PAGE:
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Canadian Journal of Public Health

, Volume 97, Issue 6, pp I8–I14 | Cite as

Canada’s International Development Research Centre’s Eco-Health Projects with Latin Americans

Origins, Development and Challenges
  • Donald C. Cole
  • Charles C. Crissman
  • Fadya T. Orozco
Article
  • 1 Downloads

Abstract

Background

Since its founding in 1970, Canada’s International Development Research Centre (IDRC) has supported research by concerned Latin American researchers on environments and human health relationships. Framing of such relationships has changed through different periods.

Methods

Participant observation, bibliographic searches, document review, and interviews with key IDRC staff.

Findings

From the early years of multiple different projects, IDRC developed more focussed interest in tropical diseases, pesticides, agriculture and human health in the 1980s. The United Nations Conference on Sustainable Development in the early 1990s gave impetus to examination of links between ecosystems and human health or “EcoHealth”. Projects in Latin America built on earlier work but extended it in methods (transdisciplinarity, community participation, gendered approach) and scope (broader land use and development paradigm issues tackled). A key IDRC-funded activity in Latin America was “EcoSalud”, an Ecuadorian effort, which has worked with farming communities, agricultural researchers, health practitioners and local politicians to advance integrated pest management, better recognize and treat poisonings and improve pesticide-related policies.

Ongoing challenges include

mobilizing sufficient resources for the primary prevention focus of EcoHealth activities when primary care infrastructure remains stretched, promoting micro-level change in diverse communities and ecosystems, and addressing power structures at the global level that profoundly affect environmental change.

MeSHterms

Environmental health developing countries agriculture pesticides Latin America 

Résumé

Contexte

Depuis sa fondation au Canada en 1970, le Centre de recherches pour le développement international (CRDI) appuie les travaux de chercheurs latino-américains préoccupés par les liens entre l’environnement et la santé humaine. Les points de vue selon lesquels on envisage ces liens ont changé au fil du temps.

Méthode

Observation de participants, recherches bibliographiques, examen de documents et entretiens avec des responsables au CRDI.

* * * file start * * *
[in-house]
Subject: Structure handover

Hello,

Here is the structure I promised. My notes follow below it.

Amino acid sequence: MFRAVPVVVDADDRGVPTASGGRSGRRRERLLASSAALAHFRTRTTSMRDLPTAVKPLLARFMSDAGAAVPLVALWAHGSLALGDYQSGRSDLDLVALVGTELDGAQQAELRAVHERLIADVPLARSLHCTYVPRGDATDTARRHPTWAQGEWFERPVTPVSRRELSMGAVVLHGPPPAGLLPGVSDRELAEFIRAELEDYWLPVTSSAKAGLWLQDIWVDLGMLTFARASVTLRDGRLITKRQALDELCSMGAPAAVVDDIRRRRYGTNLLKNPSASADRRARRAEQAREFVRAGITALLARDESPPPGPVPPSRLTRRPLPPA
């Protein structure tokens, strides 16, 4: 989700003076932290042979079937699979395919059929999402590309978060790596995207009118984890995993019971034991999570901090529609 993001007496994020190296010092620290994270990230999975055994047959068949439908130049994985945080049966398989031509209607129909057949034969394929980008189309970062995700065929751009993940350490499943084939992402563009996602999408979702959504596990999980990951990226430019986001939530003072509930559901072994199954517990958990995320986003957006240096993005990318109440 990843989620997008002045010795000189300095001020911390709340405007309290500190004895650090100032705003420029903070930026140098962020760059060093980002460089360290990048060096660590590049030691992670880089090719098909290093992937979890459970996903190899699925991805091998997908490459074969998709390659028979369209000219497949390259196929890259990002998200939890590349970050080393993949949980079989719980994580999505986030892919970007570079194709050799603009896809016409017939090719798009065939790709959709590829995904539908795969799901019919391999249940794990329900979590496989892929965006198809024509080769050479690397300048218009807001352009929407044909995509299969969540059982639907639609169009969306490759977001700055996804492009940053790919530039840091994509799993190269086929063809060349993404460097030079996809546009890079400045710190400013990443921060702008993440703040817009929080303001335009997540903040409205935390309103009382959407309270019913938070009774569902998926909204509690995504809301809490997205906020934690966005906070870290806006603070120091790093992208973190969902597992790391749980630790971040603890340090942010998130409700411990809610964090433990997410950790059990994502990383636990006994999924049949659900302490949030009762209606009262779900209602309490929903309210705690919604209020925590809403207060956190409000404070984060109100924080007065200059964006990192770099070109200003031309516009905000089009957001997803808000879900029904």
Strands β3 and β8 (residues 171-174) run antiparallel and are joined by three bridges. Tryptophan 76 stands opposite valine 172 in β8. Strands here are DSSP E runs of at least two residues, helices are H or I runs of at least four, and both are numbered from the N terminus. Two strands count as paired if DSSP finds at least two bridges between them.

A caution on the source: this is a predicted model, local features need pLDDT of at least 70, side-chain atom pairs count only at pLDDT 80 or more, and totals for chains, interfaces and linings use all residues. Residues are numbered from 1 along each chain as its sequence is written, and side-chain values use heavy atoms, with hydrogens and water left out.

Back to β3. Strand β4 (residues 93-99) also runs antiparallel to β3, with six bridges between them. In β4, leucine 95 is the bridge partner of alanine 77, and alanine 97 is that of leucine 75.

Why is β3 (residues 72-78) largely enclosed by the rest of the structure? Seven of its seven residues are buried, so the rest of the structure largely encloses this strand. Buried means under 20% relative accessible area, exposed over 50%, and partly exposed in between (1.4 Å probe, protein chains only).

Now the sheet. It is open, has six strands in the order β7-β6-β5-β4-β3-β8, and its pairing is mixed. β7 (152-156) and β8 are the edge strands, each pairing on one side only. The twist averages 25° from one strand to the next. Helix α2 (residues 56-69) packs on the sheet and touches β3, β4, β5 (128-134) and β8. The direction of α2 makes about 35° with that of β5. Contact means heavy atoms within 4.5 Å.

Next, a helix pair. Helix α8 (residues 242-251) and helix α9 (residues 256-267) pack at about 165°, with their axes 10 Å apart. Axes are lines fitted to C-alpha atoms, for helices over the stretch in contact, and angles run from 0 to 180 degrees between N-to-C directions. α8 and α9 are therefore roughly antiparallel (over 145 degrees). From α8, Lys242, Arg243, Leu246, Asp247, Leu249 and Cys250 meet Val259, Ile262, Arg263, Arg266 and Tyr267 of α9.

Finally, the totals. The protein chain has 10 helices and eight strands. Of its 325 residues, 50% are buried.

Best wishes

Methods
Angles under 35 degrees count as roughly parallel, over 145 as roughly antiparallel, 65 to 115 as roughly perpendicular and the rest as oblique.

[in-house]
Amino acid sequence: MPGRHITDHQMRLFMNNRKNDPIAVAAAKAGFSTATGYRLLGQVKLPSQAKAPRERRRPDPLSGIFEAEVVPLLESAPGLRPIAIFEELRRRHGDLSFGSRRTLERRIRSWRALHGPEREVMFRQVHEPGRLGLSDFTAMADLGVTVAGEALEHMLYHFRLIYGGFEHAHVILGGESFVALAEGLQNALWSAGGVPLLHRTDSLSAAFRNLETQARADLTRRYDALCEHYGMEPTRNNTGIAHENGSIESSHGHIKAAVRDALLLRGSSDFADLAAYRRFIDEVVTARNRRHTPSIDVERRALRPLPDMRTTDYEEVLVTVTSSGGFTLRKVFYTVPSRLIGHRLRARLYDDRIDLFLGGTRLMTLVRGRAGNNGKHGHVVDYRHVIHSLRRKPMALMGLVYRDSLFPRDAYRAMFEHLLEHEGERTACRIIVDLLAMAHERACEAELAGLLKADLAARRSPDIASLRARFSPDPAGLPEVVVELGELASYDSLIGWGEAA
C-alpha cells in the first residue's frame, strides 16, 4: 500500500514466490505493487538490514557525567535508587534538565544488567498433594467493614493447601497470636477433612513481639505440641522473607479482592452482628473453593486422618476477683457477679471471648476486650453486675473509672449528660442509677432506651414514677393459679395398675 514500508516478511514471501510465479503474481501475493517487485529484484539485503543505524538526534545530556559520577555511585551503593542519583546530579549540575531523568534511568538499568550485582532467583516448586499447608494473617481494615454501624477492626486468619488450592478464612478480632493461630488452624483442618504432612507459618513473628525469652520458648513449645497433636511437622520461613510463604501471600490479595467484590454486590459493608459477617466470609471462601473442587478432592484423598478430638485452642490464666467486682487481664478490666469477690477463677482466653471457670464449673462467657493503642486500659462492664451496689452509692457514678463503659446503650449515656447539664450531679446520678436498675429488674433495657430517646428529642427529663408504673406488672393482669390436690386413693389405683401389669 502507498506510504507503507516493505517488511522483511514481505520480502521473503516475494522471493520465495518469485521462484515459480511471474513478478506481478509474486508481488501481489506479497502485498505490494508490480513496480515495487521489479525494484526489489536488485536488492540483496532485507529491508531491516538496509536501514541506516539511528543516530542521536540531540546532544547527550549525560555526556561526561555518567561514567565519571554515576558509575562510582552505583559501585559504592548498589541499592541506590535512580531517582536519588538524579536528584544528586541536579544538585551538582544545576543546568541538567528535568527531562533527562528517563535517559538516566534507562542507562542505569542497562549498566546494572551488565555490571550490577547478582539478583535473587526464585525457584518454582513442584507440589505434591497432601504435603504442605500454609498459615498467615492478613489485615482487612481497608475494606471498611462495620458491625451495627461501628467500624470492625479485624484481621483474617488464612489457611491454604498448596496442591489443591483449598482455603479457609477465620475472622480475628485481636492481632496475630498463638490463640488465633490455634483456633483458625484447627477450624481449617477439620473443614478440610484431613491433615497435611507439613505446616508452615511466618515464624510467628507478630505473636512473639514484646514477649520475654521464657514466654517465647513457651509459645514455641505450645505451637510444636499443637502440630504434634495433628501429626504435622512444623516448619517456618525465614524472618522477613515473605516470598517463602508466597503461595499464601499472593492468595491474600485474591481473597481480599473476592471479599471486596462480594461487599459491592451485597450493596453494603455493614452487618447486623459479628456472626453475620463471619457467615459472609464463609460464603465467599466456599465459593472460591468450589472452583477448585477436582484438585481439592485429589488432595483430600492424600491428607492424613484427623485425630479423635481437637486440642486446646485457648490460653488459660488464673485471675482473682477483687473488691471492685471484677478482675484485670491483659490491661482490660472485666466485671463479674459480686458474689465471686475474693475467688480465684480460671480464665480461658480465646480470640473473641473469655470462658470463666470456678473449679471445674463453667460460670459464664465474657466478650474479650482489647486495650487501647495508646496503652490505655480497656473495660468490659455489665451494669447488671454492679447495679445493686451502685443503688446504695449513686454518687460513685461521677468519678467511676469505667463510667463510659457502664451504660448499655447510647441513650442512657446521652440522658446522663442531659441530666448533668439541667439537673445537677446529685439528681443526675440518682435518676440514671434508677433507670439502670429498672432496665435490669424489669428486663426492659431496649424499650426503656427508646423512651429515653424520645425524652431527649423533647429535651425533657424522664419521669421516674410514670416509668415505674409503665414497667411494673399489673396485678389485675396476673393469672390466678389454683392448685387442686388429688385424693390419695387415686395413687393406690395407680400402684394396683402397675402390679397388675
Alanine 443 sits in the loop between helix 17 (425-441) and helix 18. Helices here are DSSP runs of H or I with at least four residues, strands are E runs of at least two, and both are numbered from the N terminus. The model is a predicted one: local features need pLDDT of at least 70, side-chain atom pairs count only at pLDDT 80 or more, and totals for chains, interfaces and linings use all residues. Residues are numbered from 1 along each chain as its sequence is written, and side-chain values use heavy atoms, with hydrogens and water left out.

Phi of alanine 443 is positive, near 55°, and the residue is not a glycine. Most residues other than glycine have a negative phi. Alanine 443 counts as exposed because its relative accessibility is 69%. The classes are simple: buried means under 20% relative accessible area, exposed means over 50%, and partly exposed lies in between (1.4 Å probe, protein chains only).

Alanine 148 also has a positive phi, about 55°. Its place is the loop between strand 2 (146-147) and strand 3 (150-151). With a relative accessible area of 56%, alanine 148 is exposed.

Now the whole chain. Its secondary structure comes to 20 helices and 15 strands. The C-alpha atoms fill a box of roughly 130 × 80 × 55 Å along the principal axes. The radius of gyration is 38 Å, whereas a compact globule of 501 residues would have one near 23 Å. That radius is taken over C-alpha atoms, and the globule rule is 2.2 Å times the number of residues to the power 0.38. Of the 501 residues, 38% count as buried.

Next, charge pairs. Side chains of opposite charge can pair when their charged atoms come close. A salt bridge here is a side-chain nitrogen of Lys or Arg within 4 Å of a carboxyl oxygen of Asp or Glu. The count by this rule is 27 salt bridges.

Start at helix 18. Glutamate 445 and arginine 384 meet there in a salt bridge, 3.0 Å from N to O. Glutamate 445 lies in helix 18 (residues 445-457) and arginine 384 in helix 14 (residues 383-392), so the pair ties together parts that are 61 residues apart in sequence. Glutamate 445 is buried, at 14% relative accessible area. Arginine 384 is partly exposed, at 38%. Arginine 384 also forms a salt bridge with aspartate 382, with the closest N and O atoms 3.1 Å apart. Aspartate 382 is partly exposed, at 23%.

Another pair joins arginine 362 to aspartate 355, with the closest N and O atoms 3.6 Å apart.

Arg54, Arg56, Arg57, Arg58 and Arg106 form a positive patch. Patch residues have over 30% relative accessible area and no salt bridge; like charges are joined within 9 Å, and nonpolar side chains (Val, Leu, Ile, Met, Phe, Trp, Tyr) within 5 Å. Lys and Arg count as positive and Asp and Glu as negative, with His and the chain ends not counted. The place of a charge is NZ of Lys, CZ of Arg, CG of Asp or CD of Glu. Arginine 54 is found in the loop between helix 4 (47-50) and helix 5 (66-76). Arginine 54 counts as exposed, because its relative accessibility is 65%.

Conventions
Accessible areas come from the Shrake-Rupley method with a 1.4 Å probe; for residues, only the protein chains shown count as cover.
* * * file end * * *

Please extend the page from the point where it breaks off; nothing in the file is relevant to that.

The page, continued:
Constatations

Au début, le CRDI finançait toutes sortes de projets, mais au cours des années 1980, il a concentré son action sur les maladies tropicales, les pesticides, l’agriculture et la santé humaine. La Conférence des Nations Unies sur l’environnement et le développement (CNUCED), au début des années 1990, a incité le Centre à examiner les liens entre les écosystèmes et la santé humaine («l’écosanté»). Dès lors, les projets menés en Amérique latine se sont appuyés sur des travaux antérieurs, mais en élargissant leurs méthodes (par la transdisciplinarité, la participation communautaire, l’approche sexospécifique) et leur portée (en abordant aussi les grands enjeux de l’affectation des sols et du développement). L’une des principales activités financées par le CRDI en Amérique latine était «EcoSalud», en Équateur, un projet de collaboration avec les collectivités agricoles, les agronomes, les professionnels de la santé et la classe politique locale visant à promouvoir la lutte antiparasitaire intégrée, à mieux reconnaître et traiter les empoisonnements et à améliorer les politiques d’usage des pesticides.

Défis qu’il reste à relever

Mobiliser des ressources suffisantes pour mener le volet de prévention primaire des activités d’écosanté alors que les infrastructures de soins primaires sont étirées au maximum, promouvoir des changements micro-niveau au sein de collectivités et d’écosystèmes très différents, et remettre en question, à l’échelle mondiale, les structures du pouvoir qui ont des conséquences profondes sur les modifications de l’environnement.

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Copyright information

© The Canadian Public Health Association 2006

Authors and Affiliations

  • Donald C. Cole
    • 1
    • 2
  • Charles C. Crissman
    • 1
    • 2
  • Fadya T. Orozco
    • 1
  1. 1.International Potato CentreLima, Peru & Quito, EcuadorCanada
  2. 2.Department of Public Health Sciences, Faculty of MedicineUniversity of TorontoTorontoCanada

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